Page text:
Luckily my Sequoia does not have this problem that I can tell. I do get the sulfer smell after hard exceleration but only notice it after I stop with the windows down after hard excel. If a "simple, cheap" fix solves it I'd do it (design engineering issue or not) If it doesn't fix it, for mine and families life I'd ditch it and take the loss. I would definitely spend a couple hundred bucks at my own shop for my own health and piece of mind.

    If all the steamfitters knew or had a sense that the asbestos was causing their lung problems and could have tested it for a couple hundred bucks, would they have stayed in their jobs or would they quit? Would they buy a $20 respirator and stay in the "great?" job they had?

    At this point you know their is something wrong with YOUR particular vehicle. You can test it to confirm that a high exhaust level is inside (whoever pays), you can try a couple solutions to fix it and be safe and satisfied, you can do nothing to it and continue to drive it and complain and file lawsuits while you and your family are being poisoned, or you can say my life and family are more important and get rid of it and let somebody fight the uphill battle.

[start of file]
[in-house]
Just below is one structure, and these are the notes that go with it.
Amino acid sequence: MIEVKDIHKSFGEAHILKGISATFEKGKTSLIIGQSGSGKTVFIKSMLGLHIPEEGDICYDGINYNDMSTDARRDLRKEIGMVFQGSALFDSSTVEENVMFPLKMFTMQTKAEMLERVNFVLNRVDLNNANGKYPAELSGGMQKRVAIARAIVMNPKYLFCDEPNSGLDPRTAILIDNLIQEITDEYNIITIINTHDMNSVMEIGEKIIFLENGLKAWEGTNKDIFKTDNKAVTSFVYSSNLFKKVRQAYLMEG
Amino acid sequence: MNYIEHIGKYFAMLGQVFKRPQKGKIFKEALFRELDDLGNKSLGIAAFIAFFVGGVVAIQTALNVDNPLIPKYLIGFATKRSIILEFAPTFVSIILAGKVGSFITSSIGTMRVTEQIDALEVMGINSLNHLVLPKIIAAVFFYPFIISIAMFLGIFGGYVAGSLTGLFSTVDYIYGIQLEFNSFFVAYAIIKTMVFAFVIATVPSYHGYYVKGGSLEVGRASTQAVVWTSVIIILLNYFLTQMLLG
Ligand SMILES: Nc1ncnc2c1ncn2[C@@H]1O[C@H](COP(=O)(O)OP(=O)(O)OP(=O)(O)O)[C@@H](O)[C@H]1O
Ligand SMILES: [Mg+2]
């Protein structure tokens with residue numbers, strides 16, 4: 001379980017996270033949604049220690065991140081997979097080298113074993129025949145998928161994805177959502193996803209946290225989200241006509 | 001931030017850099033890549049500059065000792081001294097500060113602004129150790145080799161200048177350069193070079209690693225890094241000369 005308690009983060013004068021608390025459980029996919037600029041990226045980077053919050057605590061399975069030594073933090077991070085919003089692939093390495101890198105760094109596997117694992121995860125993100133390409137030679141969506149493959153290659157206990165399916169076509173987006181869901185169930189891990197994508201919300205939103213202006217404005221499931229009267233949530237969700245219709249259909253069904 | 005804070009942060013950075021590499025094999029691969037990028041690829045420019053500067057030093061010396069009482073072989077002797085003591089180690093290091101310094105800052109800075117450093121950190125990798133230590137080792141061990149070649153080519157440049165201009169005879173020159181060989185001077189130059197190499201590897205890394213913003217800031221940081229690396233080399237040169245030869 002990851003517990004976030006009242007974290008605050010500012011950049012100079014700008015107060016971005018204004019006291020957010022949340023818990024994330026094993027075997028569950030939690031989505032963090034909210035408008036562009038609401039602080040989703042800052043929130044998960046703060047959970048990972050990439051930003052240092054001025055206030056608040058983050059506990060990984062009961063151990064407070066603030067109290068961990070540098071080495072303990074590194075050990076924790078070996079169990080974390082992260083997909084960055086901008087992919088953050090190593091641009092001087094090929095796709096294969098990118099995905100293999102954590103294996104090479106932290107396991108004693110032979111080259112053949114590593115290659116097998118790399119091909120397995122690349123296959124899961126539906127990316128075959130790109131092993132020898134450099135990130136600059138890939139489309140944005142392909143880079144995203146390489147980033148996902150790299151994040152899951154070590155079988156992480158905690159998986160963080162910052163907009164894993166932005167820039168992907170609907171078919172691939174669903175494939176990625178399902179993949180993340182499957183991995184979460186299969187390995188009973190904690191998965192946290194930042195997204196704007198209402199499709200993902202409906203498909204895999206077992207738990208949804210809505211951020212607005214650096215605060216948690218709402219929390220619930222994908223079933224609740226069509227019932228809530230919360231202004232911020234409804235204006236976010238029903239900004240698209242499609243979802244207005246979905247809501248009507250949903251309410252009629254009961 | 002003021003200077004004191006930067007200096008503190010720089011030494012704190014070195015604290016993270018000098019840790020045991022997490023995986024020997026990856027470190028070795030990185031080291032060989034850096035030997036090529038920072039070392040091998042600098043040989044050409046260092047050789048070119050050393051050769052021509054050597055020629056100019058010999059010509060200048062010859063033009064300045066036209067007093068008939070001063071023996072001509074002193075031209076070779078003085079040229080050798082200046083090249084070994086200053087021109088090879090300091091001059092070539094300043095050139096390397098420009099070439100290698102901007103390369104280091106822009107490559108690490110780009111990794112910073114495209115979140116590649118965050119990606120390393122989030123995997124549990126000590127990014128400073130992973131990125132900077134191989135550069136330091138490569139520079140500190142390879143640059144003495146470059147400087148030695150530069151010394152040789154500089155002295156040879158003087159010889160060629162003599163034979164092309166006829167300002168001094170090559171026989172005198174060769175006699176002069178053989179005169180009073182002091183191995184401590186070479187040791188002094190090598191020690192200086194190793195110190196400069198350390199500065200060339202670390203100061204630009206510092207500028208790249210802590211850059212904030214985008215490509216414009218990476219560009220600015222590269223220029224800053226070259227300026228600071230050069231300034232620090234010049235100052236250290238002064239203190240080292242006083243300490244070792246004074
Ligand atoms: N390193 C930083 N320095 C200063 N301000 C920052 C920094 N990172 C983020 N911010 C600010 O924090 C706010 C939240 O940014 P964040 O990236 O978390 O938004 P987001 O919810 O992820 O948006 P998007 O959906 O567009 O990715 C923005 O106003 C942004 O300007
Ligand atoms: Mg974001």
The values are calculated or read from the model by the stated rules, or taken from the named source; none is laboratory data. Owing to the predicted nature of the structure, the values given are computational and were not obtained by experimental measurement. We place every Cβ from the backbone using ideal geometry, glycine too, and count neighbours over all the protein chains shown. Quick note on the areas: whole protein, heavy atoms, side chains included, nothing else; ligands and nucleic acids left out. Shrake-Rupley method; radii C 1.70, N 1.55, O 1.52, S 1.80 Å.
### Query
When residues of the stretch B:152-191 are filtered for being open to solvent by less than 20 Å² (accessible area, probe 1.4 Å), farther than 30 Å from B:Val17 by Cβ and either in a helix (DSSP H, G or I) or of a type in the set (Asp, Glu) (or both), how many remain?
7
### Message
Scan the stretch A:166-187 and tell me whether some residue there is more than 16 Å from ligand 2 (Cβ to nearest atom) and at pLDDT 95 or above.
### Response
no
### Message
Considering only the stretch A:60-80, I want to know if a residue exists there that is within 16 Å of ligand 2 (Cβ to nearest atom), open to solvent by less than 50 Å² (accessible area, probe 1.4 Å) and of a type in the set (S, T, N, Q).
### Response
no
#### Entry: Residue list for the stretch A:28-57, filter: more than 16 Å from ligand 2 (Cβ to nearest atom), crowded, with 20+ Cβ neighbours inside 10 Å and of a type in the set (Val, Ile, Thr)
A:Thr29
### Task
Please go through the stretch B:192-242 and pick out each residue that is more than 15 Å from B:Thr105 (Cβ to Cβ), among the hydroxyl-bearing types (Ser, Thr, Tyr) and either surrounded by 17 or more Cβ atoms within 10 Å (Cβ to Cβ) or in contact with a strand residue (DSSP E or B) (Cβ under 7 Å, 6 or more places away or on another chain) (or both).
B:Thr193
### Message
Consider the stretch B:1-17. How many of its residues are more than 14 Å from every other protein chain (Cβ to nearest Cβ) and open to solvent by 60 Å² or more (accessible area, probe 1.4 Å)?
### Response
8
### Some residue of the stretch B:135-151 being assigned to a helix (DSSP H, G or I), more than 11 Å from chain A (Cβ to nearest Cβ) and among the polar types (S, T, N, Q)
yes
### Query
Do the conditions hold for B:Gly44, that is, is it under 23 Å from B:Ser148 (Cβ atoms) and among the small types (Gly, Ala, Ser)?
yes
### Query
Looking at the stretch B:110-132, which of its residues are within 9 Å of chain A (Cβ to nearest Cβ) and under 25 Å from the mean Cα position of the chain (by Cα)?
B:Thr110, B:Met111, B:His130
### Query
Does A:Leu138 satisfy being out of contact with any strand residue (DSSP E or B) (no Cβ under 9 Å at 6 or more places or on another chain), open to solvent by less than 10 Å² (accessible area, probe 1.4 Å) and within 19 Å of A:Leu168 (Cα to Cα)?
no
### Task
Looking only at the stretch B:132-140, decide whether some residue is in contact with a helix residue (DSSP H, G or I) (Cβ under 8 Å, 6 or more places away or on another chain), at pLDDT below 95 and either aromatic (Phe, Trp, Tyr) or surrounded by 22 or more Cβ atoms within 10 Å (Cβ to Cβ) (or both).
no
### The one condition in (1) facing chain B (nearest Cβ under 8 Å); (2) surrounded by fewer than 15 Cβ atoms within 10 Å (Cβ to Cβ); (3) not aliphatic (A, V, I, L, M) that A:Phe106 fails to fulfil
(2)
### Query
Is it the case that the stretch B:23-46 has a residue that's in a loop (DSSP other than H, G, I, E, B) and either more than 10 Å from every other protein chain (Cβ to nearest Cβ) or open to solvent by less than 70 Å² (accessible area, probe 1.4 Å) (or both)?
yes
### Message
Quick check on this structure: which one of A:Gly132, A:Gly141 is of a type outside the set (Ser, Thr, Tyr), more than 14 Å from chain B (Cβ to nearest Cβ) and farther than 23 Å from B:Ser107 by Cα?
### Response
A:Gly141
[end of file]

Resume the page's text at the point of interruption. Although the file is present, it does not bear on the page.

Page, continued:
I love my Sequoia, spent $40K on it, don't want a different vehicle, would try to fix it first for a couple bucks (even if dealer said "it's normal") and if I couldn't, my 2 month old isn't worth risking, it would be gone the next day.
  • puckyhuddlepuckyhuddle Member Posts: 52
    As a Jeep Grand Cherokee owner, I fully appreciate the value of an extended warranty!

    I completely agree that a dealer should fix every problem. But if I could solve most problems myself quickly and inexpensively, then I would never go to the dealer, just to save myself 20 minutes and the hassle of dropping my car off. Unfortunately I can't fix most problems, so I'm forced to go to the dealer.

    I admire a man that sticks to his principles, but you have to weigh the cost vs the benefits. At the end of it all you may have a truck that smells like a rose, but you may have fewer days to enjoy it because of all the stress you put yourself through. Good luck!
  • tacovivatacoviva Member Posts: 116
    I don't drive the vehicle, my does and my 4 month old rides in the back. All I ever asked from Toyota is to say that this is a safe condition. They never would. It made me uneasy and that's why I am so angry. You see it's not my safety, but my wife and childs longterm safety. If I have to I'll sell it. Want to buy a 4Runner...cheap?